A simple definition of cloud computing involves delivering different types of services over the Internet. From software and analytics to secure and safe data storage and networking resources, everything can be delivered via the cloud.
You probably use different cloud-based applications every day. You are benefiting from cloud solutions every time you send a file to your colleague via Skype, when you use a mobile app, download an image, watch a Netflix show, watch Youtube, or when you play an online video game. All these services are stored in the cloud and exist in some digital space.
For example, storing your information on OneDrive, SharePoint, or an email server is much different from keeping that data on a desktop hard drive or a USB stick. You can access it from just about any computer that has internet access.
But what does this mean for businesses?
Cloud computing means improved collaboration and productivity, as well as significant cost reductions. It means better data protection, improved availability, and expanded access to cutting-edge technologies.
Types of cloud computing
1) Public cloud services are designed for development systems and web servers. Your cloud computing provider will give you a slice of their digital space that they must share with other tenants.
These types of clouds are usually cost-efficient because they operate on a pay-as-you-go model. In a nutshell, you pay for the number of hours you need to use the cloud and can exit whenever you complete your work. There are no obligations that require you to pay more than you need. Simples.
2) Private clouds offer what their name suggests: privacy. You do not have to share your digital space with anyone else. Private cloud platforms are typically built in-house, and they belong to you and your business. They can also be configured in a third-party data center and still provide an advanced level of privacy.
Larger organizations and clients who are concerned about security tend to prefer these private clouds. The main reason for this is primarily the fact that these clouds offer more defense than their public counterparts. Companies that need to protect sensitive information like customer data rely on private clouds.
If you are using a private cloud, you know who has access to the data, know if anyone made changes, and know what to do in case of an emergency. This basically means that you have full control over what happens and don’t have to worry about some third-party vendor making changes that would negatively affect you. A firewall protects everything in your cloud from outsiders.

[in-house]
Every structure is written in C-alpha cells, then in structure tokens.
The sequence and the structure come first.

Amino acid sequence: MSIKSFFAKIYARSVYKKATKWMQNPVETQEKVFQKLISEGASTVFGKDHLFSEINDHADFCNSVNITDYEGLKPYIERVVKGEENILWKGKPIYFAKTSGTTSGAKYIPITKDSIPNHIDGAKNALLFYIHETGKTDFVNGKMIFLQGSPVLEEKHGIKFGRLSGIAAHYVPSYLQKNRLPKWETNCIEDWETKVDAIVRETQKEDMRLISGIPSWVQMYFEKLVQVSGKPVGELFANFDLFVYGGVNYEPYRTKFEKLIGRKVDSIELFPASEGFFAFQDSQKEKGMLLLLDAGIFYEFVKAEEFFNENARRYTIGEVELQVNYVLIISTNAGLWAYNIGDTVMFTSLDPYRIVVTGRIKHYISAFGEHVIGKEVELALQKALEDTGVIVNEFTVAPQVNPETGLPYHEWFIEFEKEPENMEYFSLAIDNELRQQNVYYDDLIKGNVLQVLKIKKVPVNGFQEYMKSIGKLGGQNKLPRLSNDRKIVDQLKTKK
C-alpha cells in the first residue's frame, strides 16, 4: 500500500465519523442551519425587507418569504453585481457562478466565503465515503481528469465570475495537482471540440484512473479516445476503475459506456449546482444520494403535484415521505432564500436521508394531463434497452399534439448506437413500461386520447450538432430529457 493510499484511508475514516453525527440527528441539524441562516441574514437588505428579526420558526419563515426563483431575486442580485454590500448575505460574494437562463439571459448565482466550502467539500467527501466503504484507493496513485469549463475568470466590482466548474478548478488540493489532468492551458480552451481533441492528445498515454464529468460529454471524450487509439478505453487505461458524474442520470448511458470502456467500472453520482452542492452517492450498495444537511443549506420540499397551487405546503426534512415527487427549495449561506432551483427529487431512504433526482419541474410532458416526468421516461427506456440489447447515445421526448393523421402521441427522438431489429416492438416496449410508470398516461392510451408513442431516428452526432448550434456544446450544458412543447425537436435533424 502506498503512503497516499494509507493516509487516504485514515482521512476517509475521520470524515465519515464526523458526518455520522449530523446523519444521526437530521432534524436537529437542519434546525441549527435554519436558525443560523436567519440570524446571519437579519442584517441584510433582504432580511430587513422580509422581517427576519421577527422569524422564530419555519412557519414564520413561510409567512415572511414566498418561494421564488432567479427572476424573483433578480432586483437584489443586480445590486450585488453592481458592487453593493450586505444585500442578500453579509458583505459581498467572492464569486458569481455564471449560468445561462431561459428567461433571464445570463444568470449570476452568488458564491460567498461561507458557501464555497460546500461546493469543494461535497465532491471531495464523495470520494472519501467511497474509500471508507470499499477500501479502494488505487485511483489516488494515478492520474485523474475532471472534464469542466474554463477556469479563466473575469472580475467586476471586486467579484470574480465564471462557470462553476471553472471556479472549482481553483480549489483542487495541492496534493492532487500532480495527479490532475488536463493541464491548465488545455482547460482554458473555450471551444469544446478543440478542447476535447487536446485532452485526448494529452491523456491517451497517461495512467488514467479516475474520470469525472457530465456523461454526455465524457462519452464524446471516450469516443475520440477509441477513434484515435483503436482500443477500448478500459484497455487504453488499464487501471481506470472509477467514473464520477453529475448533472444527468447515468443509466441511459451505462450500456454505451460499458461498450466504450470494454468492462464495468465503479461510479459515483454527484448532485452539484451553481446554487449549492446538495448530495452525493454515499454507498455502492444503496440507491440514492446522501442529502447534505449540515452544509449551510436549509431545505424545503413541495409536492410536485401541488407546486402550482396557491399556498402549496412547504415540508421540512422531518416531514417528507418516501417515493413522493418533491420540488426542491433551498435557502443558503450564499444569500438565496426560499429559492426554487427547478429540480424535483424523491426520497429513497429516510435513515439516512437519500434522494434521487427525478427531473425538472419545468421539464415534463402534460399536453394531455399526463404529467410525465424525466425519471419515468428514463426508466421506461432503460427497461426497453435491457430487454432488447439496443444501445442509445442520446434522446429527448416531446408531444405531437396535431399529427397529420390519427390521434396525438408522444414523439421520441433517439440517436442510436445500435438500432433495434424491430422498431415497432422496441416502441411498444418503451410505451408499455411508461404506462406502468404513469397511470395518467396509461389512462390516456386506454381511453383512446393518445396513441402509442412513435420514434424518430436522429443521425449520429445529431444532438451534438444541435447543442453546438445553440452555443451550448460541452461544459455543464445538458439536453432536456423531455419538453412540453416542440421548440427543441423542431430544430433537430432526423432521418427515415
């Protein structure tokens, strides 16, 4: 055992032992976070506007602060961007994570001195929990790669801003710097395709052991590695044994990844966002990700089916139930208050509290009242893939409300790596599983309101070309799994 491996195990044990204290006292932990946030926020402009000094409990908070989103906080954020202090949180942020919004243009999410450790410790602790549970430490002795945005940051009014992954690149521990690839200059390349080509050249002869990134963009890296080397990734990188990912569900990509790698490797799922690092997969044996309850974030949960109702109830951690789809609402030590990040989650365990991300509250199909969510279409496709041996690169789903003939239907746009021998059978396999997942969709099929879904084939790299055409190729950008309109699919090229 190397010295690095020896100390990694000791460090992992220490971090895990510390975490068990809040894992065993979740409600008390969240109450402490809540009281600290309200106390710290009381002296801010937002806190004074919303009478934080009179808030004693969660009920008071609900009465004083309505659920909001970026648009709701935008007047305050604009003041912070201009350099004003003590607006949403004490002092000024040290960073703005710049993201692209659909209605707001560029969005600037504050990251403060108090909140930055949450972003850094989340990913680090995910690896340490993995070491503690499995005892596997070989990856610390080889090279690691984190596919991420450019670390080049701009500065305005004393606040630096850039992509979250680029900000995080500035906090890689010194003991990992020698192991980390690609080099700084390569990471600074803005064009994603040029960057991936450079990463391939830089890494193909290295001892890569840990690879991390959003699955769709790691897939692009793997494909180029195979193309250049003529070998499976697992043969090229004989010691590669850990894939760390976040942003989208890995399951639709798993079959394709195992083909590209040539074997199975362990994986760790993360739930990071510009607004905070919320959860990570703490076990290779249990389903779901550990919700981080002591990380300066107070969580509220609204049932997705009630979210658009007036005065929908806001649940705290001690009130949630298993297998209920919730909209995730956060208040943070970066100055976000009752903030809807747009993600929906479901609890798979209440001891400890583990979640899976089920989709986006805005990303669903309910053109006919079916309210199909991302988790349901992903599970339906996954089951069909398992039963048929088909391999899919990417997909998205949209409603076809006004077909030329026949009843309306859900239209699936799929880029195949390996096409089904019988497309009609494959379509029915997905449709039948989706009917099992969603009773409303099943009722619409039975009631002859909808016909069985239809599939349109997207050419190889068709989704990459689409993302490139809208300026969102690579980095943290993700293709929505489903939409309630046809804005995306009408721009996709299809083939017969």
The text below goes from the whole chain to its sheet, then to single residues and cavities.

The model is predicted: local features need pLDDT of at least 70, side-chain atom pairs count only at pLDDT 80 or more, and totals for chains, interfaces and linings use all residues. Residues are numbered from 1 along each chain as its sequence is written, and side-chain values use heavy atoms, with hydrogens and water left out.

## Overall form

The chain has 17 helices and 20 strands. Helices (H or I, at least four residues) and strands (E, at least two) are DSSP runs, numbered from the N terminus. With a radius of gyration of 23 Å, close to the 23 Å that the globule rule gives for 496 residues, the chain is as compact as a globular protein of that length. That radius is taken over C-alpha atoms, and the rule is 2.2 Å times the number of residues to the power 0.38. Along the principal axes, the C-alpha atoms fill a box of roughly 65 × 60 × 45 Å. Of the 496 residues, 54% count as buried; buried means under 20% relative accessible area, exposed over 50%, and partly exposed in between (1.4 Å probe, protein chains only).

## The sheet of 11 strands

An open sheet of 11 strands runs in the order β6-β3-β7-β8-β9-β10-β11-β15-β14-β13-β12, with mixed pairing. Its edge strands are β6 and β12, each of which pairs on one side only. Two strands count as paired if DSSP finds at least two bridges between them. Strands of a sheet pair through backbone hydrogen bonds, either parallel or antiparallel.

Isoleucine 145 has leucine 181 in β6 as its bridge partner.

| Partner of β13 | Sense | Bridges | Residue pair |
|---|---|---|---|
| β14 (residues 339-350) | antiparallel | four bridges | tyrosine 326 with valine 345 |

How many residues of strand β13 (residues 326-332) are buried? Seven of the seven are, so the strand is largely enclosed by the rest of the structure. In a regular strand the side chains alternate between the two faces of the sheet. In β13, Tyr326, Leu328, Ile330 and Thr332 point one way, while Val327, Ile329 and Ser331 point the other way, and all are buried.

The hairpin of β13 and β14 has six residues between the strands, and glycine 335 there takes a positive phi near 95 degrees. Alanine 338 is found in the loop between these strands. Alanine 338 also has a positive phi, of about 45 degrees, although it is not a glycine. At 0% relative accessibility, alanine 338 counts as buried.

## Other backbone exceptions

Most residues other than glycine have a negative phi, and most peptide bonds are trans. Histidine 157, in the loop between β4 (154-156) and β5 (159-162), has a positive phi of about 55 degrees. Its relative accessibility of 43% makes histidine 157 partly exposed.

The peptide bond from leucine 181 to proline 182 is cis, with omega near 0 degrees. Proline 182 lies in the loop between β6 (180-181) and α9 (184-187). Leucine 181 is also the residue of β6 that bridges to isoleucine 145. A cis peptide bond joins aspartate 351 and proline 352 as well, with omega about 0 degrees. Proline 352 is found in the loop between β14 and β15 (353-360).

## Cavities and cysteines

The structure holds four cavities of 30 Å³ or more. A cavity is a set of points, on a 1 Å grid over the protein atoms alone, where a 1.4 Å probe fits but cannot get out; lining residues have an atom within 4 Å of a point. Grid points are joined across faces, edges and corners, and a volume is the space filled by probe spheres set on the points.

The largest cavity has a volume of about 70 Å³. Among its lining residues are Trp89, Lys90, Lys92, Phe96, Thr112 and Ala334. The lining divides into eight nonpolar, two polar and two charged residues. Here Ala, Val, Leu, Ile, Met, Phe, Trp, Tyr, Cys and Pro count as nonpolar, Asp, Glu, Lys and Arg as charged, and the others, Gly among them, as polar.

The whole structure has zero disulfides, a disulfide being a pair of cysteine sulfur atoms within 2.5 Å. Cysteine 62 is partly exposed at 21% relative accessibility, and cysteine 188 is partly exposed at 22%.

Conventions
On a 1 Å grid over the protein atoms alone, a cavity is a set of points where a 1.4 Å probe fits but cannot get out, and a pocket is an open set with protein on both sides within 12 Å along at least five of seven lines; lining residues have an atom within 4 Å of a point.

3) Hybrid clouds are the best of both worlds. If you are using a hybrid cloud, you can control an internal database and use the public cloud when needed. There might be times when you will need to move data and applications from the private cloud to the public cloud, such as scheduled maintenance, blackouts, and natural disasters. The ability to seamlessly migrate information is perfect for cloud-based disaster recovery and preventing data loss.
The flexibility of hybrid clouds is excellent for scaling as any overflow can regulate in the public cloud. Furthermore, you can keep all non-sensitive tasks in the public cloud while safeguarding the essential data in the private cloud.
What are the benefits of cloud computing?
1) Storage that is always-on
In other words, you can always access the storage, as long as you have an internet connection. You can rent cloud storage at a low price and scale it according to your demands. And you no longer have to use an external hard drive or build an in-house data center.
2) Recovery solutions in case of a disaster
Preventing as much data loss as possible is critical regarding time, money, and efficiency. Cloud provides a much faster, and cost-effective disaster recovery than traditional solutions could ever offer.
3) Lower costs
Think about not having to buy a ton of external hard drives to keep your critical information. Companies can save a lot of money by migrating virtualized operating system instances in the cloud. In addition to that, the cloud gives you access to professional staff, advanced security systems, and cutting-edge hardware and software, which adds up to the projected savings.
What types of cloud services are there?
1) Infrastructure as a service (IaaS) – This is a pay-as-you-go approach, and you’re only paying for as long as you need to use the service. It is the simplest form of cloud service(s).
2) Platform as a service (PaaS) – This comes complete with infrastructures such as networking, online storage, and servers, as well as database management systems, development tools, and more. PaaS is designed to help create, test, develop, and update your application.
3) Software as a service (SaaS) – This is basically what you get whenever you download a new app for your phone. In a nutshell, companies create and develop their software and then lend it out to buyers.
To sum up
There’s no way around this – the cloud is here to stay. We no longer need dial-up, CDs, maps, floppy discs, movie rental stores, maps, etc anymore. Those technologies have all been outdated and made obsolete by newer and better inventions. We are not saying that the same will happen with cloud computing, but honestly, we wouldn’t be surprised if it did.
There may still be applications for USB drives and similar devices, but you will probably always back them up on your cloud anyways.
No matter how you look at it, cloud computing is the future